Posts Tagged “Crown of Vengeance”
Mercedes Lackey and James Mallory’s newest novel is CROWN OF VENGEANCE, book one of a new trilogy about the great Elven Queen Vieliessar Farcarinon. Previous readers of Lackey and Mallory’s work will recognize Vieliessar from a short snippet in a previous novel, WHEN DARKNESS FALLS (book three of the “Obsidian Mountain” trilogy). She was described as the best queen the Elves ever had. She was also the best mage, the wisest ruler, skilled with both sword and magery alike. And of course the legends about her mostly speak of her benevolence, as she’s the one who drove the nasty, vicious Endarkened out of Jer-a-Kaliel.
(A quick note about the Endarkened: They do not see themselves as evil. They are servants of a God known as He Who Is. They also are blood mages who enjoy causing pain and death to maximize their own power, and especially enjoy killing Elves. But the Elves, at first, do not know about the Endarkened. Thus ends the history lesson.)
If you’ve read the other six books Lackey and Mallory have written about this world, you already know that Vieliessar’s story isn’t going to go exactly the way history has remembered it. Because of this, you can safely assume that Vieliessar is both more and less than what history gives her credit for.
So yes, she will turn out to be a triumphant Queen. And a brilliant military tactician. And a great mage, oh yes.
But she’s also a flawed person, someone the reader can empathize with. Because her power sets her apart. And it’s hard for her to find anyone who can relate to her, due to her own amazingly strong abilities.
Having a sympathetic heroine is absolutely essential in a book where most of the character names are at least four syllables in length. And when a character has hundreds of years to become what she needs to be, for that matter — because Vieliessar isn’t human. She’s an Elf. And at this time in Jer-a-Kaliel’s history, because we’re so far back in the past, humans aren’t even in the picture because they haven’t yet evolved enough to matter.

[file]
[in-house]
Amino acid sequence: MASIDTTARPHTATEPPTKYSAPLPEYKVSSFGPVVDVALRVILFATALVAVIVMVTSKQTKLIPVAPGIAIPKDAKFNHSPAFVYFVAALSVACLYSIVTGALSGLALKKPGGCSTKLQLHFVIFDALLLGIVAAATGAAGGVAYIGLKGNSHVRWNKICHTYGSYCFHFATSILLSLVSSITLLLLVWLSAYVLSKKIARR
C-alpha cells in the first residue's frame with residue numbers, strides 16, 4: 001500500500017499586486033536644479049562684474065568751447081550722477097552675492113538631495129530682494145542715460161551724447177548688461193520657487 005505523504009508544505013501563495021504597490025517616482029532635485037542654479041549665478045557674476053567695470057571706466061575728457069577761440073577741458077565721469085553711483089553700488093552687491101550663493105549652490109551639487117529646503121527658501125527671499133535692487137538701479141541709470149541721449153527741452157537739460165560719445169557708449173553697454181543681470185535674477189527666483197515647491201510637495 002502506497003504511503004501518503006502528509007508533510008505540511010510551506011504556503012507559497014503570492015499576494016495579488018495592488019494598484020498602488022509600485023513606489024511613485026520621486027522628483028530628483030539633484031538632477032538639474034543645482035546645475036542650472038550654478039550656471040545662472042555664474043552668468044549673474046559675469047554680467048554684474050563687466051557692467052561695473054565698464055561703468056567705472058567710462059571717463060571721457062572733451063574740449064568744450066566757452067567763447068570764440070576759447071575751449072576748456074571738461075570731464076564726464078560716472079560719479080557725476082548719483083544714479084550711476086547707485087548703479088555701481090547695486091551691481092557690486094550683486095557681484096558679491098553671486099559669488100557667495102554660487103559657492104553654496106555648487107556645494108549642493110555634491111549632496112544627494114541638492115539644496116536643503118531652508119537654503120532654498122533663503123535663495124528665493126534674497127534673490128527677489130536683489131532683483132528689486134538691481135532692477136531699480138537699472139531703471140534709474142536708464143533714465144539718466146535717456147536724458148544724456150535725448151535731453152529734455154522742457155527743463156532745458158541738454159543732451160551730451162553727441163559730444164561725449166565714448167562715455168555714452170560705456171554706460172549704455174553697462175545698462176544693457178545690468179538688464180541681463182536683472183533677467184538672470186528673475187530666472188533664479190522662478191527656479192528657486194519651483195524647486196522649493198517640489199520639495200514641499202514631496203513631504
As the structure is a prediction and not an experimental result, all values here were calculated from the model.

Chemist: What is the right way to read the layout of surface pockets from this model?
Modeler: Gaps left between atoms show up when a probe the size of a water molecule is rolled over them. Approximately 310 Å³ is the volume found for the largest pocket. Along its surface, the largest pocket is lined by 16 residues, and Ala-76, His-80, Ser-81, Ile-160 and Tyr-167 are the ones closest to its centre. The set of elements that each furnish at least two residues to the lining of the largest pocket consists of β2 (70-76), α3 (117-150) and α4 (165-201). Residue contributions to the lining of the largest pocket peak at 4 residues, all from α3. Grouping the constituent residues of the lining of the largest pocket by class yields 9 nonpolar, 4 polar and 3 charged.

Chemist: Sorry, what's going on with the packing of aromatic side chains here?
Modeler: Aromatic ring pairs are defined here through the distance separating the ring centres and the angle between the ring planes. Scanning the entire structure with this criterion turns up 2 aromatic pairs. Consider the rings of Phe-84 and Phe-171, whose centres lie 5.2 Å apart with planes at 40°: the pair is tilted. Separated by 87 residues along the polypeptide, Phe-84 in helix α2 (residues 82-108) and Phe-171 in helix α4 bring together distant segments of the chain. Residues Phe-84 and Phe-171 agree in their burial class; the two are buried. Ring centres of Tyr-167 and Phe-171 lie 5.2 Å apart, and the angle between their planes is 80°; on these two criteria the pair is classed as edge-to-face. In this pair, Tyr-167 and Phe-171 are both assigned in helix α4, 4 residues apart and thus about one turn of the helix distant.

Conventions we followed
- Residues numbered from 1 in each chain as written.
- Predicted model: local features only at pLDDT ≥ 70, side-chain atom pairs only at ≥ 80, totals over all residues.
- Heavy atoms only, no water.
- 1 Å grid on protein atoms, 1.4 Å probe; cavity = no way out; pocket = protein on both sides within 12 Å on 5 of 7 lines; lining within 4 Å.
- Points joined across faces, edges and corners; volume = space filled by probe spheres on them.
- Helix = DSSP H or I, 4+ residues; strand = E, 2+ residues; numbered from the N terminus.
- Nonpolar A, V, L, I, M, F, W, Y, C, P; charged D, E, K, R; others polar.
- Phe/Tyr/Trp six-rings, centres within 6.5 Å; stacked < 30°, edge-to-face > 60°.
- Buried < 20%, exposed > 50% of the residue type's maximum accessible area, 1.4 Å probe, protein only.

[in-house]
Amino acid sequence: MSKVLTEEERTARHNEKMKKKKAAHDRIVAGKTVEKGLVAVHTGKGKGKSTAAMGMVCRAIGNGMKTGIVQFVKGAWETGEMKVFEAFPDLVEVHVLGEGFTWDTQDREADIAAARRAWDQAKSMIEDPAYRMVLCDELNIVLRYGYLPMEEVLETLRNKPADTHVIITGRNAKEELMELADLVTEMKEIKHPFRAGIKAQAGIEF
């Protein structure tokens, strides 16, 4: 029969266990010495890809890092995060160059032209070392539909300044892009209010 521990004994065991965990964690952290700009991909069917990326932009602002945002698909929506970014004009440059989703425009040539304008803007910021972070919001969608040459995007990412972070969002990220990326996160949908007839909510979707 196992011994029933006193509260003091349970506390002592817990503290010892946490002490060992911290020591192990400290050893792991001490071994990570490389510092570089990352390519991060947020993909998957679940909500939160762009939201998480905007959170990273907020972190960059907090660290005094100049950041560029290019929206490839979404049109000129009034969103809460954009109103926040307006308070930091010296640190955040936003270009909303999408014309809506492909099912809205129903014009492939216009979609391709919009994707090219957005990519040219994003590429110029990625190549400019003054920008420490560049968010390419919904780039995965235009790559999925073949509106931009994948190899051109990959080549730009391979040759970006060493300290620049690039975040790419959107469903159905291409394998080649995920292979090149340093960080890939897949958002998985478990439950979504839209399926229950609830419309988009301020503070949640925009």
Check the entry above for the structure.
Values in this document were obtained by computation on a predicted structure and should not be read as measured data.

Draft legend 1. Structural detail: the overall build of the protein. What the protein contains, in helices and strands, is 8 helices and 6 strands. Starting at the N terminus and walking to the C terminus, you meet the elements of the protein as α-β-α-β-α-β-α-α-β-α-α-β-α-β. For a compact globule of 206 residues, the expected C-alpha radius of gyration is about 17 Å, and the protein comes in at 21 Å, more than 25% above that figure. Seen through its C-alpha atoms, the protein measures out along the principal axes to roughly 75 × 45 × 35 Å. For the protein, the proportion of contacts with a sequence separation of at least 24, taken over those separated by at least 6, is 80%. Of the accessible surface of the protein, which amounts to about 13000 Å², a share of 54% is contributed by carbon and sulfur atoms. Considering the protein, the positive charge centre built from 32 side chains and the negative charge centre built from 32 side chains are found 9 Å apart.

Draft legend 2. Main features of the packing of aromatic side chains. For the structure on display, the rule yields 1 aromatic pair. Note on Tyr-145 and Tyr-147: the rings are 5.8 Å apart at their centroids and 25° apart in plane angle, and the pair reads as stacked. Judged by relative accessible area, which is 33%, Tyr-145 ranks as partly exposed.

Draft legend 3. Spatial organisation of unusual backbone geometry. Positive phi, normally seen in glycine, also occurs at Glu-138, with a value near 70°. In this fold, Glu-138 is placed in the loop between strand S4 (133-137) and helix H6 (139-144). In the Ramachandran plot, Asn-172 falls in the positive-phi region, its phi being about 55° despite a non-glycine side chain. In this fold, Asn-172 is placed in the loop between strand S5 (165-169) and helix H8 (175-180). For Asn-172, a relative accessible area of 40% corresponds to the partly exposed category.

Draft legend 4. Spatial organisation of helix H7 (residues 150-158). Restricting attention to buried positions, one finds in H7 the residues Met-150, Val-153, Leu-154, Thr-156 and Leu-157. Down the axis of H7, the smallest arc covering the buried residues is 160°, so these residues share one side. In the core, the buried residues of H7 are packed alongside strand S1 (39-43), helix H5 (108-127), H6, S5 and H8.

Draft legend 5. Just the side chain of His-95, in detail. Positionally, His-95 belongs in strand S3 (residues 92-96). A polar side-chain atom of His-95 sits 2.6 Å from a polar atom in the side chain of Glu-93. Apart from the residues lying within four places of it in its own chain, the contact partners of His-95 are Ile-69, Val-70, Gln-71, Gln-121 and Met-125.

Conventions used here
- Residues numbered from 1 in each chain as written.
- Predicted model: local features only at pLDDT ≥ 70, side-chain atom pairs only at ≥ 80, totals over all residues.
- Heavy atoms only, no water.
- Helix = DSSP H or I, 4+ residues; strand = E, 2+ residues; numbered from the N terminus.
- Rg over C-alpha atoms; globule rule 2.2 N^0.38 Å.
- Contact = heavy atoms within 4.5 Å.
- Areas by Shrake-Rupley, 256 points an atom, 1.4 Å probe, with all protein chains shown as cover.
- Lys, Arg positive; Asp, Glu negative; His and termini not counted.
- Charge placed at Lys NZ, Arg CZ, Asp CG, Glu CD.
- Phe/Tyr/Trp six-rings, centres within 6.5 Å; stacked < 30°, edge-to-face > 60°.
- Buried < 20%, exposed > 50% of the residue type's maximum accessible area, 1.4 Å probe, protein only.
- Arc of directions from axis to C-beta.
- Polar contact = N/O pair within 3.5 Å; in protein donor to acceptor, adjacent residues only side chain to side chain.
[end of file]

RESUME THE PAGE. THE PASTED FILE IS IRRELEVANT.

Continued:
We pick up Vieliessar’s story literally at birth. Her noble mother, Nataranweiya, has fled to the Sanctuary of the Star — clerics and mages, the equivalent of a nunnery or monastery — as her husband has been slain, along with nearly all of her retainers. (Those few she had left were the reason she was able to reach the Sanctuary at all.) Nataranweiya gets there, gives birth, and promptly dies . . . but because Vieliessar’s birth was seen centuries ago by an ancient and possibly mad King, and because Vieliessar is, after all, in a holy Sanctuary, the enemies that brought down the House of Farcarinon are not able to kill Vieliessar outright.
Instead, she’s fostered out.
We pick up the story again when Vieliessar is twelve. Renamed “Varuthir,” all she wants to do is to become an Elven knight. She knows nothing of being the last of Farcarinon; she knows nothing of her birth, her mother, her status as “Child of the Prophecy” or anything else. So when she’s shipped off to the Sanctuary of the Star to become a perpetual servant, she is outraged.